- If you have an academic concern regarding your student and you believe it has to do with their accommodations, encourage your student to come speak with the Accessibility Services Coordinator. The coordinator can speak with them about their situation and, if needed, the coordinator can connect to the instructor to advocate for the student.
- It is the recommendation from Accessibility Services to allow students as much independence as they are safely able to have. It is our suggestion for parents and guardians to ask themselves the following questions before they intervene for their student:
- Does my student want my help?
- Is this problem really something they cannot solve on their own?
- If I fix this for them, will this help them develop independence and confidence in their ability to problem-solve?
- Is my student bringing this to me for a quick fix or because they are really struggling?
- Have I given them the space to process the problem and supported them with potential avenues they could use to solve the problem on their own?
- Will my intervention here negatively impact their problem-solving, independence, self-confidence, or self-advocacy skills?
- Is this situation something that they will have to navigate in their professional careers? Will I intervene on their behalf at their job once they graduate?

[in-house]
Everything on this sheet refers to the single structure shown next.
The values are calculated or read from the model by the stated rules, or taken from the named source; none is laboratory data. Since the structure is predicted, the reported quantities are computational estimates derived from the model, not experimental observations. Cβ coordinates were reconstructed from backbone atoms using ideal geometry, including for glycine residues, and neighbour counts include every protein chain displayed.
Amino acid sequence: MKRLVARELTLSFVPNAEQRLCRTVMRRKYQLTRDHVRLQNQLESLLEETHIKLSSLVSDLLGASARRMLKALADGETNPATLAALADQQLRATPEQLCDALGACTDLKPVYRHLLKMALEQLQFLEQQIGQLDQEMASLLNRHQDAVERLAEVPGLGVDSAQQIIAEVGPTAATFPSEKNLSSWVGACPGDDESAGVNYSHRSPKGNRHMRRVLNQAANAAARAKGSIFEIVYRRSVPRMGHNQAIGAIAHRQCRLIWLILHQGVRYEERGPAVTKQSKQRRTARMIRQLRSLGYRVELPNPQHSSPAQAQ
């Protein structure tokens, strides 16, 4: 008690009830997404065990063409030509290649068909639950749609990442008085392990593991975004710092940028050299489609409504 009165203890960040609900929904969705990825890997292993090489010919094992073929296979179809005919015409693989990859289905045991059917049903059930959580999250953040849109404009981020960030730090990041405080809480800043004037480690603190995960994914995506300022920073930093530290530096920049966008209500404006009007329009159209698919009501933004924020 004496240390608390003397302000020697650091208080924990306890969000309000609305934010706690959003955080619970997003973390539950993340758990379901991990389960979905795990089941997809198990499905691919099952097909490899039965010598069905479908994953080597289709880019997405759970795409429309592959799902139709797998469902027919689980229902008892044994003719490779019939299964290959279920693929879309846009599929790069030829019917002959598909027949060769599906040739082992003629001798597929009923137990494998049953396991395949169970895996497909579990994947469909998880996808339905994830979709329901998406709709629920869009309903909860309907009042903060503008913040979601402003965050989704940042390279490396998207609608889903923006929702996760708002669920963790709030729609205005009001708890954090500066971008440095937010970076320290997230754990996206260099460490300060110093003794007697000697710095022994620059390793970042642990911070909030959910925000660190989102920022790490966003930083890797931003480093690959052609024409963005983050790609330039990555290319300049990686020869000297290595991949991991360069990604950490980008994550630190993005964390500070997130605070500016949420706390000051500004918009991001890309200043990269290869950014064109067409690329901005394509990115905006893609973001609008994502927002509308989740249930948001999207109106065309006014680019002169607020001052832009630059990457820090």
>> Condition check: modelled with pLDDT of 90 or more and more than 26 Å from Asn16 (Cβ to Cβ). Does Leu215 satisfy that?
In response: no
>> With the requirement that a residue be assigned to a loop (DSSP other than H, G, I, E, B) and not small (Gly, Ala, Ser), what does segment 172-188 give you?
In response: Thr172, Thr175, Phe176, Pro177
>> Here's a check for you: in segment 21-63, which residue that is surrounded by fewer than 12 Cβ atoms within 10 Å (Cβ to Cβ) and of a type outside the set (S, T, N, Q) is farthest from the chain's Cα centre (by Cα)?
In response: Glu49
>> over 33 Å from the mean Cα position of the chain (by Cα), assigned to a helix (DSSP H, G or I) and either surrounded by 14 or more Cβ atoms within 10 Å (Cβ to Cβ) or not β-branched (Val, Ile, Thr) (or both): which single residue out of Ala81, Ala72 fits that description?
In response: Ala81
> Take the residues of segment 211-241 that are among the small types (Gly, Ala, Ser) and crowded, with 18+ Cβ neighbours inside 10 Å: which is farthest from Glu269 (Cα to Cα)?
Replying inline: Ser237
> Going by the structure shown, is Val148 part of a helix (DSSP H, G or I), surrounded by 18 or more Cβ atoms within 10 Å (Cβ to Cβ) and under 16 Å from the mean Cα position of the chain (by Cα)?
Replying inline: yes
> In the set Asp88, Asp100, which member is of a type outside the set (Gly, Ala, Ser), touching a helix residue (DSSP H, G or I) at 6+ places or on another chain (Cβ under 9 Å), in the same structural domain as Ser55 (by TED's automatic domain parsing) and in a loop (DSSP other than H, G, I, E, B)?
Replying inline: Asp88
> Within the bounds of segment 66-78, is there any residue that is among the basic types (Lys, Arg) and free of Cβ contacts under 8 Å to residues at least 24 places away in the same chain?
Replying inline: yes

- If a parent or guardian still feels the need to intervene on their student’s behalf, we encourage them to connect with Accessibility Services to see what campus supports are available to the student.
- Students are not penalized for not utilizing they accommodation plans. If a student chooses not to send their instructors their accommodation plan, they are taking a safe risk and will always have their accommodation plan to fall back on.
- We encourage parents and guardians to talk through the pros and cons of starting the semester without their accommodation plan with their student.
- We highly encourage parents and guardians familiarize themselves with the rights and responsibilities the student has under The Americans with Disabilities Act of 1990, Section 504 of the Rehabilitation Act of 1973, and The Minnesota State Board Policy 1B.4.
- We also suggest that parents and guardians familiarize themselves with the Family Educational Rights and Privacy Act (FERPA). FERPA requires colleges and universities to maintain the privacy of a student’s educational records, which prevents SCTCC from communicating with parents without consent of the student.
- It would also be beneficial for parents and guardians to read through Accessibility Services Policies and Procedures with their student to familiarize both parties with what accommodations look like in college.
- Finally, learn more about the differences between high school accommodations and college accommodations with your student.
Accessibility Services Web Portal
Accessibility Services Coordinator
320-308-5064 or 1-800-222-1009 - TTY users dial MN Relay at 711
Fax: 320-308-5981 Attn: Accessibility Services
Email | firstname.lastname@example.org
Accommodations Specialist, Accessibility Services
320-308-5757 | email@example.com
Anne Rhodes, N.I.C., Interpreter Coordinator
320-308-5046 | firstname.lastname@example.org